Government on Wednesday approved hike in the support price of five rabi crops such as gram and masur by upto 20 per cent for the next year starting April 2013, but no decision was taken on wheat prices.

“Except for wheat, the CCEA has approved the MSP of all other rabi (winter) crops. There will be a fresh Cabinet note on wheat,” sources close to the development said.

The Cabinet Committee on Economic Affairs (CCEA) has approved raising the minimum support price (MSP) of gram and masur by Rs 400 per quintal to Rs 3,200,each, for the 2013-14 marketing year (April-March).

The support price of these two pulses was fixed at Rs 2,800 per quintal, respectively, for this year.

The CCEA has agreed to raise the MSP of the two key pulses grown in the rabi (winter) season in order to reduce the country’s dependence on import.

Among oilseeds, the Cabinet approved increasing the MSP of mustard seed to Rs 3,000 per quintal for the 2013-14 marketing year from Rs 2,500 per quintal in 2012-13.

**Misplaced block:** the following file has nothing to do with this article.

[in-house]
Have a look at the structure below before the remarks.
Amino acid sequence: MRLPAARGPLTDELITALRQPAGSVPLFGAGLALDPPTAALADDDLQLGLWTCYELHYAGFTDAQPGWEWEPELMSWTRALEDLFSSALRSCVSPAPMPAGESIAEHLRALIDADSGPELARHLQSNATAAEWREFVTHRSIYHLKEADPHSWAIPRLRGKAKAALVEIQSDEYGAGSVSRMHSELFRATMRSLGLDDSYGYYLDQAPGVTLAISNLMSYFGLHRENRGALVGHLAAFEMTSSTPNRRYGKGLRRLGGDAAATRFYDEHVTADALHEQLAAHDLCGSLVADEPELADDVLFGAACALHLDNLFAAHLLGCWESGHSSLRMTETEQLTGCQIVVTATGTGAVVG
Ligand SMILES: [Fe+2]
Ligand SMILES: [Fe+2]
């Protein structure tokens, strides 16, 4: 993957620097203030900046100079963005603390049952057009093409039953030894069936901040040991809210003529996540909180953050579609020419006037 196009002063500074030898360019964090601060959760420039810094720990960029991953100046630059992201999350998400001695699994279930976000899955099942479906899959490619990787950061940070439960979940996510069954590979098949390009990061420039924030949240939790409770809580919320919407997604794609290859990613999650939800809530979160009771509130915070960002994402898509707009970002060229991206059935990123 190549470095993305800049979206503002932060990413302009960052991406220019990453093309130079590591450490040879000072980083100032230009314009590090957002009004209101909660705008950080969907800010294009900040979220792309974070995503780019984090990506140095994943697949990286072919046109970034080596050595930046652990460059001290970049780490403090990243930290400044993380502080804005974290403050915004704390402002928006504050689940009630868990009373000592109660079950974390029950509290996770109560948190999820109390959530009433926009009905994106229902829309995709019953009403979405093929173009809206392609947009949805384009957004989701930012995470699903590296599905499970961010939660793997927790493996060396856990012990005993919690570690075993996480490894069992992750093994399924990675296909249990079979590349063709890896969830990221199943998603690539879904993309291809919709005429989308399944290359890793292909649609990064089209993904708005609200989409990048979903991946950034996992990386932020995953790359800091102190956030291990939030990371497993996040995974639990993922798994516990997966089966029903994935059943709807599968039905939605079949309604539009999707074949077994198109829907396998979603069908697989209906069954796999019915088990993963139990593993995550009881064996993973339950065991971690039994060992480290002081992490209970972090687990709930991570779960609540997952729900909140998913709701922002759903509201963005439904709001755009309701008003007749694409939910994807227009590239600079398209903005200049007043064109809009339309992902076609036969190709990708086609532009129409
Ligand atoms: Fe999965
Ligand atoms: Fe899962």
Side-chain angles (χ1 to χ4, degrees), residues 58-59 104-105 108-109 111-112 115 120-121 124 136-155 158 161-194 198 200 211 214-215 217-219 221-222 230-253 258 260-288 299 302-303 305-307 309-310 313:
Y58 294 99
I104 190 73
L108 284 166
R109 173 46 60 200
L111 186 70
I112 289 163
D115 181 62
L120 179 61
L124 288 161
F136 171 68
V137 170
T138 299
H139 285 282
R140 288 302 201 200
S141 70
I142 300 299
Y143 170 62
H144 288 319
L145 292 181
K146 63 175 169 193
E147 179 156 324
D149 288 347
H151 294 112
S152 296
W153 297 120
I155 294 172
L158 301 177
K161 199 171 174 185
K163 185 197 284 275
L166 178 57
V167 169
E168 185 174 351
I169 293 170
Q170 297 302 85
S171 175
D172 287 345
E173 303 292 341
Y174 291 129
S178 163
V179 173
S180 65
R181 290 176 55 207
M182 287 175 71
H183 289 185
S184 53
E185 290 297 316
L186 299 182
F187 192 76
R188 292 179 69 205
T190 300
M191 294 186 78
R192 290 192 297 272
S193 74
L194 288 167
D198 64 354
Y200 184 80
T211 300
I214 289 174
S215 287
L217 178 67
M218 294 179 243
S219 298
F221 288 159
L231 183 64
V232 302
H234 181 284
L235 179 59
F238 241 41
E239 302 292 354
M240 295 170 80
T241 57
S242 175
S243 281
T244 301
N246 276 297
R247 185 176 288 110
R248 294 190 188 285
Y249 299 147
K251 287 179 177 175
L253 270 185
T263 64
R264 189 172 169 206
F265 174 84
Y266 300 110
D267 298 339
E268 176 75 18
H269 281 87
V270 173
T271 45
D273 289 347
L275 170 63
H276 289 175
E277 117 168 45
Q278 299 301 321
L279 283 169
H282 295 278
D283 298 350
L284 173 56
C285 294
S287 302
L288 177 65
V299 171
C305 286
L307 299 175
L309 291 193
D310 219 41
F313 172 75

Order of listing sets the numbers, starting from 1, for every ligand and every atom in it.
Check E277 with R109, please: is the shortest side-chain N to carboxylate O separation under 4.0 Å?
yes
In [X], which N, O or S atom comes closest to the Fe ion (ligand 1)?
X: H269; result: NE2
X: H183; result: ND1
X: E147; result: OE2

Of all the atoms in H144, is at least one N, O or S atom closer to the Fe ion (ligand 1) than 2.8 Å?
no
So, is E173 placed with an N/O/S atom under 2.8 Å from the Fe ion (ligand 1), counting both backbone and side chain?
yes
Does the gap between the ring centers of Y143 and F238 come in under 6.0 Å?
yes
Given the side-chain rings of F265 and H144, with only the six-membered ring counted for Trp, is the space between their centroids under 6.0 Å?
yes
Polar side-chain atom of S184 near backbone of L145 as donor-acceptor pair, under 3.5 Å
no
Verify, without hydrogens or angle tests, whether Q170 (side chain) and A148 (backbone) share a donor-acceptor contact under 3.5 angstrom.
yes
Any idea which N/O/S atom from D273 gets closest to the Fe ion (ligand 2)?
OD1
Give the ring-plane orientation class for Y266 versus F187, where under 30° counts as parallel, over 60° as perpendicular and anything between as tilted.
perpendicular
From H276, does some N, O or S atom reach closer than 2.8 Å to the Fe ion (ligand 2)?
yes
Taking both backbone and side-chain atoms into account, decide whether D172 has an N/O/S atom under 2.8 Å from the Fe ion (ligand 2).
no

Similarly, safflower MSP has been raised to Rs 2,800 per quintal from Rs 2,500 per quintal in the review period.

Among cereals, the CCEA has okayed increasing the support price of barley to Rs 1,100 per quintal for 2013-14 from Rs 980 per quintal this year.

As against the recommendation of the Commission for Agriculture Costs and Prices (CACP), the Agriculture Ministry had proposed higher support price for rabi crops. The ministry has accepted CACP’s suggestion on mustard seed and safflower.

On wheat, CACP had recommended freezing of MSP at last year’s level of Rs 1285 per quintal considering huge stock in the central pool. Even the Food Ministry had opposed the hike saying it would increase the procurement cost of the grain and food subsidy bill by an additional Rs 4,000-5,000 crore.

Despite opposition, the Agriculture Ministry took forward the proposal before CCEA seeking hike in the wheat MSP by Rs 115 per quintal to Rs 1400 for 2013-14, arguing that the CACP has not factored in the hike in diesel price by Rs 5 per litre, sources said.